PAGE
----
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VGX: An In-depth Analysis (Part 1) - Destructoid

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I'm a floundering writer who would love nothing more than to actually be paid one day for something I create. I know, it sounds incredibly brutal and honest, but I'm getting old and tired. I love video games and sleeping.

Sometimes I stare into the abyss of youtube videos and weep internally as a smile creeps its way into my face, a hollow mimicry of what happiness is.

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If VGX 2013 is to be classified as an awards show, then I implore everyone to consider Ryse as the greatest, most historically accurate representation of ancient Rome. While most have been quick to call VGX a train wreck, that descriptor is akin to denoting the bombing of Nagasaki as a cloudy day. A better example would be calling this a horse race where all of the stallions shoot out of the gate, immediately break all four of their respective legs, and then cartwheel at top speed towards the crowd.

I am going to delve so deep into the psyche of this show, there will be no point of return. This article shall be a chrysalis chamber, and upon your emergence, you shall gaze upon the Earth in all its pale light and scoff, for you will have understood the Alpha and the Omega of public appearances, and you will have felt the crucifixion of every last pixel in the eyes of our holy Father, Geoff Keighley and the Holy Ghost, Joel McHale. What follows is an in-depth analysis of the VGX 2013 awards show.

Amen.





The Dusk of Man

The beginning of the event seems standard industry fare. You get an introduction with a contrast rich color scheme that fits right at home on only the most depressing rainbows, and an aggressive invitation to "binge until you bleed" on what is building up to be a sheer cavalcade of incredible content. When the hard rock music stops, the livestream kicks off in what appears to be a steampunk enthusiastís studio apartment. Geoff and Joel are right there to start the festivities, yet when the first word is uttered from VGX's celebrity co-host, one can't help but feel something is off.

Whatever scripted nonsense Joel is being forced to read was written by a recovering alcoholic who hit the bottle when the video game industry originally crashed in the 80's, and never looked up from his brown bag until he stumbled into Spike TV's writing room. The enthusiasm that Joel musters for the opening lines is about as short-lived as a pig with bacon strapped to its ass wiggling around in a crocodile pit.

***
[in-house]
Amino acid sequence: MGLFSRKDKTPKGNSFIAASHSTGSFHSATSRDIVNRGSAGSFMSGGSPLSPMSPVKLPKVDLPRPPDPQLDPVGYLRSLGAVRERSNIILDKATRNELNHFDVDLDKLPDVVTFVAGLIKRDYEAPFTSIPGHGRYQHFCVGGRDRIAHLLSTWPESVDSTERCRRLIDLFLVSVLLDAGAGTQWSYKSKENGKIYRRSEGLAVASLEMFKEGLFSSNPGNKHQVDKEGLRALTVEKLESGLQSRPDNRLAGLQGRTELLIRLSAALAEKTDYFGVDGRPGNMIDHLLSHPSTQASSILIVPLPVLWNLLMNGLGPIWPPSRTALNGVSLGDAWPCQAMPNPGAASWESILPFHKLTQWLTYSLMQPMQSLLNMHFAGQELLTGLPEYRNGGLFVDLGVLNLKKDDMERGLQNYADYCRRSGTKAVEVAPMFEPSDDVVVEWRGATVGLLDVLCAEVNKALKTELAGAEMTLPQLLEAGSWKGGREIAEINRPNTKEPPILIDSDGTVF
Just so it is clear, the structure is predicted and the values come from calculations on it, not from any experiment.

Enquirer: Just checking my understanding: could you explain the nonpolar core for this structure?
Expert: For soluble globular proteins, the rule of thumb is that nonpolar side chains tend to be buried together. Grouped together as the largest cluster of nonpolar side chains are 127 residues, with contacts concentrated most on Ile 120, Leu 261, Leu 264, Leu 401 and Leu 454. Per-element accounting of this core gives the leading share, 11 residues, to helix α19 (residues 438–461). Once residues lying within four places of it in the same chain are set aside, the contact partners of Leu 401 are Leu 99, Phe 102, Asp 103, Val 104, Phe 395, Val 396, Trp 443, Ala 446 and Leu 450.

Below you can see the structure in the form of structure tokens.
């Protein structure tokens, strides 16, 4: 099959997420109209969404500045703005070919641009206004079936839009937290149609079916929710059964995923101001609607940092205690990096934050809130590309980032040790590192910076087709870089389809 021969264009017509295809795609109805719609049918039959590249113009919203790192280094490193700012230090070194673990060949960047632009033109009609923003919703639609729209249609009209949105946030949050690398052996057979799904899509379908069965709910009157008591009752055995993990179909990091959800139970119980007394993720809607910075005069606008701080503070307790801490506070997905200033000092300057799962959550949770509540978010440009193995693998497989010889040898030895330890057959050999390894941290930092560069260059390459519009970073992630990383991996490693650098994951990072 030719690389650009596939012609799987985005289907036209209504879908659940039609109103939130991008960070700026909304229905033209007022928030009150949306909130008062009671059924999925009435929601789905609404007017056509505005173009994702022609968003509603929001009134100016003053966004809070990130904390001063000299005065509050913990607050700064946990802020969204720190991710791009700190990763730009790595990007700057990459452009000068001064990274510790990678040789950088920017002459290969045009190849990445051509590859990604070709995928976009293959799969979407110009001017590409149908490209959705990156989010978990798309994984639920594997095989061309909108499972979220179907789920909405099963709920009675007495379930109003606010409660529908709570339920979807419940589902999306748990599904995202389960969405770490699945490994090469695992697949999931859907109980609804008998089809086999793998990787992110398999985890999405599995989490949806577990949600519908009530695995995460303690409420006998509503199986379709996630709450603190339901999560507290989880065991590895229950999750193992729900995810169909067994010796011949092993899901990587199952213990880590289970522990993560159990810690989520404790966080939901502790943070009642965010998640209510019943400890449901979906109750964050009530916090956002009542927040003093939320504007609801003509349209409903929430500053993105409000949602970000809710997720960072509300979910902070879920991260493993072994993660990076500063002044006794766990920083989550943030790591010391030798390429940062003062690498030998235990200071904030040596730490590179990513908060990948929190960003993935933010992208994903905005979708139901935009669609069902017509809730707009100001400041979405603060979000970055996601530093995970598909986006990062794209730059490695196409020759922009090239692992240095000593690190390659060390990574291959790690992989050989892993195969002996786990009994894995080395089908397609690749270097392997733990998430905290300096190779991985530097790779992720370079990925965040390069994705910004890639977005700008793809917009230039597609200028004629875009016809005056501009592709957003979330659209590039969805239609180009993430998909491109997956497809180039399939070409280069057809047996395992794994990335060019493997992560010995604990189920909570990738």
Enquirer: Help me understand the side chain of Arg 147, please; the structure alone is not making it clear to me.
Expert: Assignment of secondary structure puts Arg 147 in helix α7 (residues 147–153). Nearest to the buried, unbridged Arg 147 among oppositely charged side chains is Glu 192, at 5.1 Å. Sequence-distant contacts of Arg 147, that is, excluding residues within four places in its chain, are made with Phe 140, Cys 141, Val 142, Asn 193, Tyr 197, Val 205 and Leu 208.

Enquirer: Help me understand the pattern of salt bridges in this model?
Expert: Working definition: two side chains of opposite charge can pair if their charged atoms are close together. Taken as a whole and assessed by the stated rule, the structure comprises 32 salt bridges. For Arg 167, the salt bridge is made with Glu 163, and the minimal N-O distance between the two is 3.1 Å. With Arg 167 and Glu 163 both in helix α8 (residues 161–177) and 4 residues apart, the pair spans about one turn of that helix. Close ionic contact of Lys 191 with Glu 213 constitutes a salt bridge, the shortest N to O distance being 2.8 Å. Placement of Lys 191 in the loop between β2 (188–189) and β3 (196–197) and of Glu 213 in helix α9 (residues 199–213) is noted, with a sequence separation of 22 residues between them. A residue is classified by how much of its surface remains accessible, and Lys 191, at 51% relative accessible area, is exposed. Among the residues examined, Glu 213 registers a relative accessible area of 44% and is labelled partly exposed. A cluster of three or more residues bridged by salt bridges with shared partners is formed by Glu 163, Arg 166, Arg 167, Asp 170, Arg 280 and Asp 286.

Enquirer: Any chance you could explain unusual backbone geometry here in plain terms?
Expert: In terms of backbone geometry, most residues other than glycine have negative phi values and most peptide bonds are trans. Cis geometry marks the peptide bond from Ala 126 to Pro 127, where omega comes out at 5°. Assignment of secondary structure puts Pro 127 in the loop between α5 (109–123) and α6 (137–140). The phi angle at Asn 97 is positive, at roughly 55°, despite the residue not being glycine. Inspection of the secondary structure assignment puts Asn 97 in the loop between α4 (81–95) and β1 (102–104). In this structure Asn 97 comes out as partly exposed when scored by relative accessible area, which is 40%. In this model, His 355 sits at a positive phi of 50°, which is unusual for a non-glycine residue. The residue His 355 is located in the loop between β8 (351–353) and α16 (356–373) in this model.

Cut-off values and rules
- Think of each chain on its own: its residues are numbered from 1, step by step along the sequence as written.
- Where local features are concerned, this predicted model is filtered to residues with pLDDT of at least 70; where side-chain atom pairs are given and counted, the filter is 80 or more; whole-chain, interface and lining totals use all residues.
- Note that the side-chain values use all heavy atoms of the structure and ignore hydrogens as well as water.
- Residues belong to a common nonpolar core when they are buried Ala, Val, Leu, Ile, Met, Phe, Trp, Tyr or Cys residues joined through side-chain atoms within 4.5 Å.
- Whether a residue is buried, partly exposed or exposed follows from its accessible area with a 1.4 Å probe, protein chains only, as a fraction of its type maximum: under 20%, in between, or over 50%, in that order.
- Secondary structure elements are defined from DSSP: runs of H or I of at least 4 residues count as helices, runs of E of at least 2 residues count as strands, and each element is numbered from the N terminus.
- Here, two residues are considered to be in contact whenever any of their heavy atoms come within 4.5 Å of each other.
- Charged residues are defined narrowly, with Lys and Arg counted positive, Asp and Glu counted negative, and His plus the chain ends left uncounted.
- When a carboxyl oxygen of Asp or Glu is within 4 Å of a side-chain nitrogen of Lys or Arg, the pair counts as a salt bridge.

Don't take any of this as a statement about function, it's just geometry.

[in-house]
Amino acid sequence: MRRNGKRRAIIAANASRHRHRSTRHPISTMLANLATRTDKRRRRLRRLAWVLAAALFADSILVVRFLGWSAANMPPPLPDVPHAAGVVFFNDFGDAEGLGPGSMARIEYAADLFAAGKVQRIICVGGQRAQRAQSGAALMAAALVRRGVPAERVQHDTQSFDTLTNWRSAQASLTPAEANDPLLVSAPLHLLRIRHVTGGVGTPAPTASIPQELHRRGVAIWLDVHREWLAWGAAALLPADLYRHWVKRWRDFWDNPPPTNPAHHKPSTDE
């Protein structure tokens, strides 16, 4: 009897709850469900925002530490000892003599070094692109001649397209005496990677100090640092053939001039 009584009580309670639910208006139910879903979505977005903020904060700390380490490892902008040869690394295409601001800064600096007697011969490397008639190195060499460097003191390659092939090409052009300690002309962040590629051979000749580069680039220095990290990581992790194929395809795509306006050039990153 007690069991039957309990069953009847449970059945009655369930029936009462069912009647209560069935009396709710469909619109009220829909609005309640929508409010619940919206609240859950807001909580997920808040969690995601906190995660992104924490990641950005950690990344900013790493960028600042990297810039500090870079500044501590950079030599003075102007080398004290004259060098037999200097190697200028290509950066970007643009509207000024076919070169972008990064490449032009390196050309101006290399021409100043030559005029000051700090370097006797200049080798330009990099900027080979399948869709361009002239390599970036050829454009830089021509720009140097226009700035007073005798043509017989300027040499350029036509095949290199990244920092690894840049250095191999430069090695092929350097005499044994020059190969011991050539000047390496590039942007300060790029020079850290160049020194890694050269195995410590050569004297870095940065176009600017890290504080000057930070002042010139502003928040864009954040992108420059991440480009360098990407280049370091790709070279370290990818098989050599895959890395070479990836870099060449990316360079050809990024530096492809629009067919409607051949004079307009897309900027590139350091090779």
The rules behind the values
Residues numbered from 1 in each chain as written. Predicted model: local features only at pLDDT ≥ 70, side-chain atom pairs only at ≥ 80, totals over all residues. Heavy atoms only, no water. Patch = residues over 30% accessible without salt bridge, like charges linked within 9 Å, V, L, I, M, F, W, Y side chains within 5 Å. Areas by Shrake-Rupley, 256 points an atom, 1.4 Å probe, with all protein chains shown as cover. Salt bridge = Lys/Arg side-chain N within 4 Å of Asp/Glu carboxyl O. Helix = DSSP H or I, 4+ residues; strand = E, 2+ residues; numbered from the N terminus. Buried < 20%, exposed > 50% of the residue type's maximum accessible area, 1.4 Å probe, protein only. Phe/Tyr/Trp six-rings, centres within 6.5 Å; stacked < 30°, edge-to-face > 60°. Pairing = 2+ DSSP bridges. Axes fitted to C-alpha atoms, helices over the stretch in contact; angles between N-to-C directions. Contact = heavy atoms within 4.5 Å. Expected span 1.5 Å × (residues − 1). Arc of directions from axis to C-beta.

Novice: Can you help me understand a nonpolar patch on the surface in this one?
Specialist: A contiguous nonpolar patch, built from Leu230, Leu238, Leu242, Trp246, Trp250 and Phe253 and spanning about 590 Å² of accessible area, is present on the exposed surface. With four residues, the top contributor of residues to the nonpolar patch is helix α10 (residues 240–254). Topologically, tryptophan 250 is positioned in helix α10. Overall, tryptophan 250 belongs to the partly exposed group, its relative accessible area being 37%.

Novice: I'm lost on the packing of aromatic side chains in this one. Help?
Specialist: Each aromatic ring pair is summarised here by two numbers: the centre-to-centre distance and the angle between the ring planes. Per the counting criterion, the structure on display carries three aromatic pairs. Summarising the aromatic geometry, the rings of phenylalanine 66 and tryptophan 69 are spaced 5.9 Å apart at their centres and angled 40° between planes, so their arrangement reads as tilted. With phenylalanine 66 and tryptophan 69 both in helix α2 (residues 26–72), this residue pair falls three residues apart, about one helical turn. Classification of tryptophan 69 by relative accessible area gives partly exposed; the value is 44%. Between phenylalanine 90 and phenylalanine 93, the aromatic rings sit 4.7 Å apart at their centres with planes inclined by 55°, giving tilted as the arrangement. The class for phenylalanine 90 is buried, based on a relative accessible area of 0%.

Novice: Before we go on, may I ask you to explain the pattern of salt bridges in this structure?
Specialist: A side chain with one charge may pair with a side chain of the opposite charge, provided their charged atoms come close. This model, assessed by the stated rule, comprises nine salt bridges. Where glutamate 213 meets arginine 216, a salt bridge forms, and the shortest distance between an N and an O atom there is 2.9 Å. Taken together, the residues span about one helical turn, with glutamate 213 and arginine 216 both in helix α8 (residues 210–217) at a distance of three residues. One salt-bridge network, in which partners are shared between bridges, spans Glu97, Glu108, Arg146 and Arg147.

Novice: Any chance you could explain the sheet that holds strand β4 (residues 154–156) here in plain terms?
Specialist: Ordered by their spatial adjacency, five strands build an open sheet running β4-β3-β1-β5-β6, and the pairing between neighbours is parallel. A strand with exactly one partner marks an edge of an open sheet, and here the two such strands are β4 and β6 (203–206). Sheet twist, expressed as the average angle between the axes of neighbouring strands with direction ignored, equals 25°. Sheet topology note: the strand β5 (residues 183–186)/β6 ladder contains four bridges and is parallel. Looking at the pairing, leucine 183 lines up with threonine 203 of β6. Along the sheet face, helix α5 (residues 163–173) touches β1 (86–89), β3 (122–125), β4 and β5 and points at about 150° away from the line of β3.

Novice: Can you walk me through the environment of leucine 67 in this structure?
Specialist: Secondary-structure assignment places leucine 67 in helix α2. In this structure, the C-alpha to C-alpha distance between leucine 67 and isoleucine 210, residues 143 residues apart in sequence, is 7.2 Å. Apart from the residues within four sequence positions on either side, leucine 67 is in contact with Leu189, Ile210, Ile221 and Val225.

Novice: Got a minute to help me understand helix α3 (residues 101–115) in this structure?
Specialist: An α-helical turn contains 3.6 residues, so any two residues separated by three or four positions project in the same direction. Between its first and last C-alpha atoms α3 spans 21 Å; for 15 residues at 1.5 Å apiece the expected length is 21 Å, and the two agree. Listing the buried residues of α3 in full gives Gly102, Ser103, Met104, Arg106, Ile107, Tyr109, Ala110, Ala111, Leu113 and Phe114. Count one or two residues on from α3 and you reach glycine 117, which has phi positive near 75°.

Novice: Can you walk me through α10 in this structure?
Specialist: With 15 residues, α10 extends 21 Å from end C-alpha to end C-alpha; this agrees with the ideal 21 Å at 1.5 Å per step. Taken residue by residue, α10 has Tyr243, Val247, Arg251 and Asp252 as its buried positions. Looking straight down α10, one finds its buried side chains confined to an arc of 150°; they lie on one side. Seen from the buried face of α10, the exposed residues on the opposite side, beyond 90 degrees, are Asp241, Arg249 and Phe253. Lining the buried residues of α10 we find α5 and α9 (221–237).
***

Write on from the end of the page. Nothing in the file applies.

There are enough excited smiles and gleeful titters permeating throughout the room that it sets the illusion that this year's VGX was put together by competent, happy, albeit somewhat misguided people. The leading premiere of the event was thrown into the fray at around the 4 minute mark, with enough pomp and circumstance to ensure that everyone watching knew this was a terrible idea. For Lo and Behold, Telltale Games had decided to make a deal with the toothless devil of Gearbox studios to collaborate on a new experience.

Had Kevin Bruner been promised limited power and warranty stipulated immortality? Perhaps Randy Pitchford whispered darkly in his ear, letting slip that some mismanaged Aliens: Colonial Marines money had yet to be plucked from the tree. Thus, an unholy union was born, and we now live in a world where a story-driven Borderlands manifested itself in the darkest corner of industry. Even now, it gains structure and form. It will have "Telltale-style combat."

When the trailer was finished, the camera cut back to a living room assembled from the remaining parts of Amelia Earhart's plane. Joel attempted to break the icy formation that had materialized next to Geoff by cracking open a cheerful introduction. Then he asked for the audience to cheer. This was a hideous mistake. The steampunk apartment had no audience to speak of. This is the definitive point where the show became fascinating.

What is the sound of a Randy Pitchford clapping? What is the deafening silence one hears behind the echoing voices of a cavernous dwelling? VGX had become philosophical. GearTale Corp. finished off the interview in a heightened sense of awkwardness as Joel began realizing he had stepped into a nightmarish realm. The rebellion against his Keepers would now commence.

To ensure people bled responsibly while VGX was streaming, the producers decided to break up the video game announcements with some viral video flotsam. A keen internet Captain Ahab had stabbed the bloated carcass of Smosh and laid it out for all to see. The highlight of this little respite was the Asian girl trying her best to cover the lack of passion present in the four malfunctioning acting robots she had rented. VGX returned with a sigh, as Joel continued to chew through the words that the teleprompter was punching in his mouth.

(End of Part 1)



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